In paragraph 30 you address what is called the culture of closing ranks, and you say the greatest weakness of the States, which you describe as being still very much prevalent within the public sector, is closing ranks. You give as an example the way in which the department had reacted to the mistreatment of children by the Maguires and I am sure you are aware, Mr Shenton, the Inquiry has heard extensive evidence about the Maguire scandal. You say this has been the default position of the States. What exactly do you mean by closing ranks? It may be very obvious, but in the context of politicians, what should we understand by that?

I think it means dealing with a matter in a manner which causes the least amount of ructions within the service. It is far easier for the States to pay off or to make someone exit quietly than have a full-blown criminal investigation or inquiry or so on and so forth. The Civil Service themselves have a cultural problem which exists today where they find it very, very difficult to take criticism, and instead of taking criticism positively and using it as a sort of robust two-way sort of argument as to how something should be done, they tend to, and they still react in very much a retrenchment, sort of put the barricades up manner, and I'm not quite sure how you are going to change that, to be honest with you.

Q: How do you say the department or the service closed ranks over the Maguire scandal?

A. Well, obviously they found -- I mean, again, and this is something that I wasn't -- if you are asking me as Ben Shenton now, because as Minister of Health & Social Services that wasn't an issue, because that was before my time, it was long before my time as minister. That had been dealt with long before. So this is just my opinion as Ben Shenton. I mean, it was far easier for them to pay off the Maguires and sort of give them a good reference to move on than it was to actually look at the issues. And unfortunately for the children that were affected, if you got a child in care and a respectable person in authority, the onus up to now would always to believe a respectable person in authority, as opposed to the child in care.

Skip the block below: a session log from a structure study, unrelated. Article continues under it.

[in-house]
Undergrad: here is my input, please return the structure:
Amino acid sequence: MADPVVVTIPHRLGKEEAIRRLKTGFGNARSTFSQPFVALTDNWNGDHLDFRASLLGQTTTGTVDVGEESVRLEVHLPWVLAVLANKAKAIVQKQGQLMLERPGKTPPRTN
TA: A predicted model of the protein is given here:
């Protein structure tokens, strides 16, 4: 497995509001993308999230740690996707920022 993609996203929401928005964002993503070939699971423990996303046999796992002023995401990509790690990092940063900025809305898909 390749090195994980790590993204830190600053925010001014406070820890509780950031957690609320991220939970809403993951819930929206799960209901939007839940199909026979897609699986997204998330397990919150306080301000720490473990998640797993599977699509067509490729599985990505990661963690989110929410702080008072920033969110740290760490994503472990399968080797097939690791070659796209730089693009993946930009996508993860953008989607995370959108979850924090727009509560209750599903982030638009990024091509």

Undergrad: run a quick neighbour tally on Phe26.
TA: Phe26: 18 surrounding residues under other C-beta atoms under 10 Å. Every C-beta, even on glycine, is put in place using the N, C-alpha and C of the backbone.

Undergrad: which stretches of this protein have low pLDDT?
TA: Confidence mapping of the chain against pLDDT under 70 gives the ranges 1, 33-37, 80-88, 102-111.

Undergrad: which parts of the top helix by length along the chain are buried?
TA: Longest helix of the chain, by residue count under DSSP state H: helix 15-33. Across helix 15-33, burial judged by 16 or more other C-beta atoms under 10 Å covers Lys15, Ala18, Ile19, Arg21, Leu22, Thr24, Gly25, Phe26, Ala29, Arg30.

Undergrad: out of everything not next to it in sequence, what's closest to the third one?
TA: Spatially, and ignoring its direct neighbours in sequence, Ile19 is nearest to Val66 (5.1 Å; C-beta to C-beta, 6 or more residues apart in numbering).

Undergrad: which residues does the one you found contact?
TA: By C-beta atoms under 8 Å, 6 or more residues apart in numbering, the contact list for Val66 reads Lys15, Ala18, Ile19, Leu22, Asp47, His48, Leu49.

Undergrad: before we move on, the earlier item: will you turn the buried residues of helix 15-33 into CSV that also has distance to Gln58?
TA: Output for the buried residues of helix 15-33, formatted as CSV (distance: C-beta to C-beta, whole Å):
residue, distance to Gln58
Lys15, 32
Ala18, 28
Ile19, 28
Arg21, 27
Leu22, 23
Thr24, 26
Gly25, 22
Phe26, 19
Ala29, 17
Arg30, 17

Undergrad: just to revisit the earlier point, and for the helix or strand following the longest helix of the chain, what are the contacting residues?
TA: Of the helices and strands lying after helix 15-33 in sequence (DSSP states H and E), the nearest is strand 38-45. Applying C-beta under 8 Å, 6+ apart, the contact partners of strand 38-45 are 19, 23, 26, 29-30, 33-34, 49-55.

I think through this whole saga if you -- no one  within this whole Inquiry comes out with any credit, not  myself, nobody, nobody comes out with any particular credit through this, and there has been some pretty horrendous victims as results of negligence and the systems in place and so on and so forth.

And I know most of the players on the judiciary, the political side, within the services themselves and I can honestly say that I don't think anyone operated with any malice or any bad intention. But if you are used to doing things in a certain way, you can perceive that you are doing good when you are not, because you are not aware of the damage that you are actually doing.

And I think -- you know, you are going to interview the Police later on, and, you know, certainly I'm not  100 per cent happy with the way they handled the affair, but I can understand the frustrations they had with the judiciary. I can understand why the judiciary did what they did, I can understand why Senator Syvret did what he did, and I can understand why the Council of Ministers did what they did. There was no malice there, but if you are operating almost with blinkers, you are not going to see the damage that you are doing. And me as a politician didn't see it either. And it is only with the benefit of hindsight and looking back that you can say yes, the judiciary didn't take notice of the experts in Social Services. They were not experts in childcare.

Yes, I can understand why Harper and Power were frustrated at the actions of the judiciary. Yes, I can  understand that Stuart Syvret was frustrated at not being told what was going on in his department. Yes, I can understand the attempt of the Council of Ministers at the time to calm the waters. So there is an awful lot to be learnt from this.  But unfortunately no one is going to come out of it well. But there was no malice by anyone.

Q: We know from Council of Ministers' minutes that the discussion of the Howard League invitation by  Senator Syvret was taken up by the Council of Ministers and they set out their concerns, as it were, about him acting unilaterally without reference back it his colleagues. When Senator Syvret was effectively dismissed from his position, was there any move to withdraw the invitation to the Howard League?

Yes, there was, yes.

Q. Who made that attempt?

It was done through the Chief Officer of Health, Mike Pollard.

Q. And why was that done?

It was the usual "we don't think it is necessary" type of response.